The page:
“According to the New York Times report, several rivals have discussed bringing antitrust complaints against AWS. Bloomberg reported this month that the Federal Trade Commission has asked software companies about AWS. Cloudflare CEO Matthew Prince told the NYT that ‘people are afraid that Amazon’s ambitions are endless’. Cloudflare operates a large content distribution network, which competes with a subsection of AWS.”

We also learn that open-source firms are shifting their licensing terms in response to such cloudy business practices from IBM and others, as well as Amazon. MongoDB’s Server Side Public License is one example. Elastic, maker of Elasticsearch, has also placed limits on how cloud companies may use its software.

AWS VP Andi Gutmans, however, insists this is much ado about nothing. Tung quotes the executive:

“‘The [Times] story is largely talking about open source software projects and companies who’ve tried to build businesses around commercializing that open-source software. These open-source projects enable any company to utilize this software on-premises or in the cloud, and build services around it. AWS customers have repeatedly asked AWS to build managed services around open source,’ Gutmans said. He noted that AWS contributes to open-source projects such as Linux, Java, Kubernetes, Xen, KVM, Chromium, Robot Operating System, Apache Lucene, Redis, s2n, FreeRTOS and Elasticsearch.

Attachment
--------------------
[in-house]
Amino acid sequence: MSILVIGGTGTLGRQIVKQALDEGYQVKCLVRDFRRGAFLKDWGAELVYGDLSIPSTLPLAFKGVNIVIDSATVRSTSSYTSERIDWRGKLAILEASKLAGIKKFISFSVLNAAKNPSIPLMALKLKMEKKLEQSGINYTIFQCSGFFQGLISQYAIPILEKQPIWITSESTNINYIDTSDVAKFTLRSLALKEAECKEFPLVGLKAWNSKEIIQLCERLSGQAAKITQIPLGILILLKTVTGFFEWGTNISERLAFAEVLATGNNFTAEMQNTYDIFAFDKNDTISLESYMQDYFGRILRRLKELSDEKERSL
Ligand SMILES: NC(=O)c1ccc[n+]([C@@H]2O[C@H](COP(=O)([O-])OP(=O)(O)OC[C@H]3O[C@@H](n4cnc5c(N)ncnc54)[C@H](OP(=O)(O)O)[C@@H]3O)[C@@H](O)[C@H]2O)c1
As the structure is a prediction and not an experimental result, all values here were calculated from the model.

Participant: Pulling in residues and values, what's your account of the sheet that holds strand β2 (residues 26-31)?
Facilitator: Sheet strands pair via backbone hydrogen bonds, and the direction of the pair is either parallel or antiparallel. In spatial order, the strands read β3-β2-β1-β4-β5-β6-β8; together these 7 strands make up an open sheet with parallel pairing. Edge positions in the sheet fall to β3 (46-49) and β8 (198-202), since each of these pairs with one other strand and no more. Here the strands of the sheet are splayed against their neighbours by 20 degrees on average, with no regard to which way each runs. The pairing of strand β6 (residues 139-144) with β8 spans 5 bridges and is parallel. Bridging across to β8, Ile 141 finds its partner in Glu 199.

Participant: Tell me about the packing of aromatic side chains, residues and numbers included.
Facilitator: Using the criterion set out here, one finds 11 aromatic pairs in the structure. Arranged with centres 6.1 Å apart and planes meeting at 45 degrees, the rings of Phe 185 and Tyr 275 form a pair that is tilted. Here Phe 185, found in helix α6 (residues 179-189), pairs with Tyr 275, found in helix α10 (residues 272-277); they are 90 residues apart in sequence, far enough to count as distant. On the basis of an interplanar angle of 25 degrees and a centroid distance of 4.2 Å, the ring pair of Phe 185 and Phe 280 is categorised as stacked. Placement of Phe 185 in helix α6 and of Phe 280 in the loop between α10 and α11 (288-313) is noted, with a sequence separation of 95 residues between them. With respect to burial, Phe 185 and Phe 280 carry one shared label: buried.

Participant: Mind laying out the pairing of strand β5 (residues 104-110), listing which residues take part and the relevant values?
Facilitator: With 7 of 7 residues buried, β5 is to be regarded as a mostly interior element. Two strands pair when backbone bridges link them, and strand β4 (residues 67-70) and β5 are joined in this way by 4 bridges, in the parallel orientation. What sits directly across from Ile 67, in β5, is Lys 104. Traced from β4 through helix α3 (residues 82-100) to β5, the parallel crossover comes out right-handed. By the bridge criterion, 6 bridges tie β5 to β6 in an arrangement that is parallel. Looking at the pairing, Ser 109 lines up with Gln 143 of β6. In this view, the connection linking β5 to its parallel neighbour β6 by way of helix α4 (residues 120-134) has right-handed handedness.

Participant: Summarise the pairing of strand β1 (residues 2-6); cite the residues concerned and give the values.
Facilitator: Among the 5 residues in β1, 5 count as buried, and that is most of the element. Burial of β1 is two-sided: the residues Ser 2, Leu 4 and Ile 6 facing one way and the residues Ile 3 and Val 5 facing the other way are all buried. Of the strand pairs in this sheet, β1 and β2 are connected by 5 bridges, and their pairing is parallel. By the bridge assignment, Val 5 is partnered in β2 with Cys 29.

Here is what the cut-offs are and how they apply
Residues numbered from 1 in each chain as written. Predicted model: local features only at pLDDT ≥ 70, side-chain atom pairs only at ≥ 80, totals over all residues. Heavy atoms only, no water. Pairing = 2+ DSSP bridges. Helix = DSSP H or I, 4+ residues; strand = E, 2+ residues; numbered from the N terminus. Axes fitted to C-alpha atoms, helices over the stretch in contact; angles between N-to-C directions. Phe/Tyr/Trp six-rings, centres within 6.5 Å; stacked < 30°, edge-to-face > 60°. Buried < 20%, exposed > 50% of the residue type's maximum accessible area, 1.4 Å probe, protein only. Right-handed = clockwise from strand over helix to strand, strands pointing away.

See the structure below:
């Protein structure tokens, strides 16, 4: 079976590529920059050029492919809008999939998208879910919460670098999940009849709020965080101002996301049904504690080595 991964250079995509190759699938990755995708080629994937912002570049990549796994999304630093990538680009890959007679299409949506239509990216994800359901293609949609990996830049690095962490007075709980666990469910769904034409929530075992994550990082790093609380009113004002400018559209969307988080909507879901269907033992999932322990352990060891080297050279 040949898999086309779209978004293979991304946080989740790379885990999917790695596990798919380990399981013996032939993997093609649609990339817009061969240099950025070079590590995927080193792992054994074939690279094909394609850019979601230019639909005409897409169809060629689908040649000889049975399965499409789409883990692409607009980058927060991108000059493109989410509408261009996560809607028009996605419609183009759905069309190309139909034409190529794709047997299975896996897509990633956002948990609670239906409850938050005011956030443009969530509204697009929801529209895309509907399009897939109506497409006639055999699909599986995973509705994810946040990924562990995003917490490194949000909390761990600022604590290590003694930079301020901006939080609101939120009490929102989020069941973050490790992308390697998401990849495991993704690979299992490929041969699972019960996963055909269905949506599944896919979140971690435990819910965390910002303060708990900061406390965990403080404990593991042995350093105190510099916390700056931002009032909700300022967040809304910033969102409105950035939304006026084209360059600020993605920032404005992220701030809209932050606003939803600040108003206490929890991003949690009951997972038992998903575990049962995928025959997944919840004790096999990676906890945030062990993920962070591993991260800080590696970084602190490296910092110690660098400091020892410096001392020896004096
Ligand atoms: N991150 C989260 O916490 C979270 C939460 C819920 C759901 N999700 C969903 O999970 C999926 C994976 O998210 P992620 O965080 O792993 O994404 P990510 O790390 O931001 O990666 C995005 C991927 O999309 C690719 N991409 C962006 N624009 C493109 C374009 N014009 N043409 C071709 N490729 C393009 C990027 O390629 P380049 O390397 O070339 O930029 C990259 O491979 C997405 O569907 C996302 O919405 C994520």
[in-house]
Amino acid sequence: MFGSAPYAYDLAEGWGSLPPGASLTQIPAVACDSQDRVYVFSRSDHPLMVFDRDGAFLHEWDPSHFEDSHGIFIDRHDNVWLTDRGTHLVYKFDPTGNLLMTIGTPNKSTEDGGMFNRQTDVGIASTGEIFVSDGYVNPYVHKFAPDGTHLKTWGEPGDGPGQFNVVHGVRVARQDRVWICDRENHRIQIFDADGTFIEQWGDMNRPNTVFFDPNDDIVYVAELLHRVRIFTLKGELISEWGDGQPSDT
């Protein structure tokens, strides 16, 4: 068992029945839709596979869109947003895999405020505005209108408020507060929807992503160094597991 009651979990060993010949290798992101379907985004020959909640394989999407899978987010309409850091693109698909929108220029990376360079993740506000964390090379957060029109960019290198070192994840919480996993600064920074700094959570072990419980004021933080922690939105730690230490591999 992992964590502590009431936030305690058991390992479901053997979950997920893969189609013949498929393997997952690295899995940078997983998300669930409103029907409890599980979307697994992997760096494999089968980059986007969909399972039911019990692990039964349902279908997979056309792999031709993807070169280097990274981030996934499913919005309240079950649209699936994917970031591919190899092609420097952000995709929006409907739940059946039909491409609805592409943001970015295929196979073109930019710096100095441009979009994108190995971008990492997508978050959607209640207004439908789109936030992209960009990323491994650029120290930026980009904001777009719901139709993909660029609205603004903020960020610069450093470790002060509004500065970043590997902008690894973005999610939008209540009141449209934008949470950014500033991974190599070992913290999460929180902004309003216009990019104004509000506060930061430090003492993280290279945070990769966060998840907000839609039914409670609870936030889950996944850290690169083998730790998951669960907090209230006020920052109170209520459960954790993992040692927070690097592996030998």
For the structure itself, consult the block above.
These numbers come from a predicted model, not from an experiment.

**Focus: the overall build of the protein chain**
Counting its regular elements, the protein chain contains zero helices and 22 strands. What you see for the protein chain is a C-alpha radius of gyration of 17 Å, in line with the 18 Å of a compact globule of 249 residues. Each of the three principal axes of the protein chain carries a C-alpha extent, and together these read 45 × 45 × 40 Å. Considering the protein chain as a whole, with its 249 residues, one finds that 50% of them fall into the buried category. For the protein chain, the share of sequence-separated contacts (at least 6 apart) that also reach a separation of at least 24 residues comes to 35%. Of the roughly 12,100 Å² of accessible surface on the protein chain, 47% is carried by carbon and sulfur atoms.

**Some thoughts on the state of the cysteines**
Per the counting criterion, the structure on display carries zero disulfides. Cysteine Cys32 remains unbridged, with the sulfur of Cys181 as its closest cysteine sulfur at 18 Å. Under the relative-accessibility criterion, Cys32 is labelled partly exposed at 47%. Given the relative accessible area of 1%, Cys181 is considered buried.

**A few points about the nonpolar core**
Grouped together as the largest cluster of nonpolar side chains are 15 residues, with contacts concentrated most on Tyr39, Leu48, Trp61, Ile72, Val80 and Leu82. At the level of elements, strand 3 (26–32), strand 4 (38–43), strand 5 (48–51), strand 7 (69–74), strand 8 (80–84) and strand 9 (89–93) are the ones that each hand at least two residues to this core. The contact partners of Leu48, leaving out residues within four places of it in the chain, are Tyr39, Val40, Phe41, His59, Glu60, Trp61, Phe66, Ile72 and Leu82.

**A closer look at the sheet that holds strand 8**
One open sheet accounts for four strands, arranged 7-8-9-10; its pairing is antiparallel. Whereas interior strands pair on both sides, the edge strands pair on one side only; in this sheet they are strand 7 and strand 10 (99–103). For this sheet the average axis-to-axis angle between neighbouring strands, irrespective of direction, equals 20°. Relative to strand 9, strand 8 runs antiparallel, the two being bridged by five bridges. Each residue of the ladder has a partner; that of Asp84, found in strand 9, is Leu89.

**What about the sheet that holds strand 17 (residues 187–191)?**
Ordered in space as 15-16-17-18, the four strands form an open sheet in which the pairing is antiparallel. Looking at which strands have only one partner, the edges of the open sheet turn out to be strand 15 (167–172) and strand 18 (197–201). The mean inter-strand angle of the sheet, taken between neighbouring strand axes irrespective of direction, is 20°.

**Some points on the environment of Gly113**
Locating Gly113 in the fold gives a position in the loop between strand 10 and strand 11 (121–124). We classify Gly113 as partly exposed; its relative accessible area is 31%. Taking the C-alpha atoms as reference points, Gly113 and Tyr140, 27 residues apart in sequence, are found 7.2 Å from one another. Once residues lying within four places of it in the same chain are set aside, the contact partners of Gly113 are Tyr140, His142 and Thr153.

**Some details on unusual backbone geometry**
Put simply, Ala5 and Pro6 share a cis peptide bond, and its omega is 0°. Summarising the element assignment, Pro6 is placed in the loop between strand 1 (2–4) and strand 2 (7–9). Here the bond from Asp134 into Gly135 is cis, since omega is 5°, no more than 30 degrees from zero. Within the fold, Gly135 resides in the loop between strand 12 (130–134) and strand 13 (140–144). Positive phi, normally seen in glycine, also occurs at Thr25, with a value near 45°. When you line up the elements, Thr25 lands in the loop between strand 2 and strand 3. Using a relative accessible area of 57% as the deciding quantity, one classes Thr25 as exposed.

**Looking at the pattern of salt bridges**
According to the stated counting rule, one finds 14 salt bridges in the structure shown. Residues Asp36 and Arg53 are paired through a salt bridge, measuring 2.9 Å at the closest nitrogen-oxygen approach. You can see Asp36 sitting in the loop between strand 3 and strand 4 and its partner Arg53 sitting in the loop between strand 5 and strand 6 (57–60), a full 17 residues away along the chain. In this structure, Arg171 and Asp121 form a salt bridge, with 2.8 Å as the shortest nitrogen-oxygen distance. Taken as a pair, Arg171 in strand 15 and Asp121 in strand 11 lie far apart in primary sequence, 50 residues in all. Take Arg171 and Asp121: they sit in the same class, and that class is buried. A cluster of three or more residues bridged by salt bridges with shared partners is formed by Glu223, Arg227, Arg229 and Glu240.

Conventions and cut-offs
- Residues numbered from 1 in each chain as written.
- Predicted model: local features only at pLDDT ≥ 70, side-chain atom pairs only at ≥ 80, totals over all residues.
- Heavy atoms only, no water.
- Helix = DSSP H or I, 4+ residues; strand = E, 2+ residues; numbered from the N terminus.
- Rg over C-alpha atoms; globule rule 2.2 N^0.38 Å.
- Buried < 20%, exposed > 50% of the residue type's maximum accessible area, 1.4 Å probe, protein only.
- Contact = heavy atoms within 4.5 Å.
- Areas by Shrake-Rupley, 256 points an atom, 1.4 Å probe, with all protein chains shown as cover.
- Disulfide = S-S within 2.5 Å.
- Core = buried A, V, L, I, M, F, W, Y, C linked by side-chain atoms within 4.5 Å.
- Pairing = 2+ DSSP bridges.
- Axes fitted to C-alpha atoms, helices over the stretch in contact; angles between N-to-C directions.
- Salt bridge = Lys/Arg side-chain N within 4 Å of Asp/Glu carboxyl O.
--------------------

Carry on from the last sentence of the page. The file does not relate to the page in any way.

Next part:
“‘A number of maintainers of open-source projects build commercial companies around the open-source project. A small set of outliers see it as a zero-sum game and want to be the only ones able to freely monetize managed services around these open-source projects,’ he added.”

And the remediation process? Lawyers are standing by.

Cynthia Murrell, December 25, 2019

Is This the Future of Open Source?

December 11, 2019

Open source software essentially breaks the chains which vendors of proprietary software clamp on their customers. A good idea? Sure, as long as their are multiple people supporting the code and following the rules (such as they are). “OSXfuse Is No Longer Open Source” makes clear that open source software can go away. Bad move? Unfair? Inconsiderate? The write up explains:

So to summarize again
* Apple does Apple things and heavily restricts third-party developers.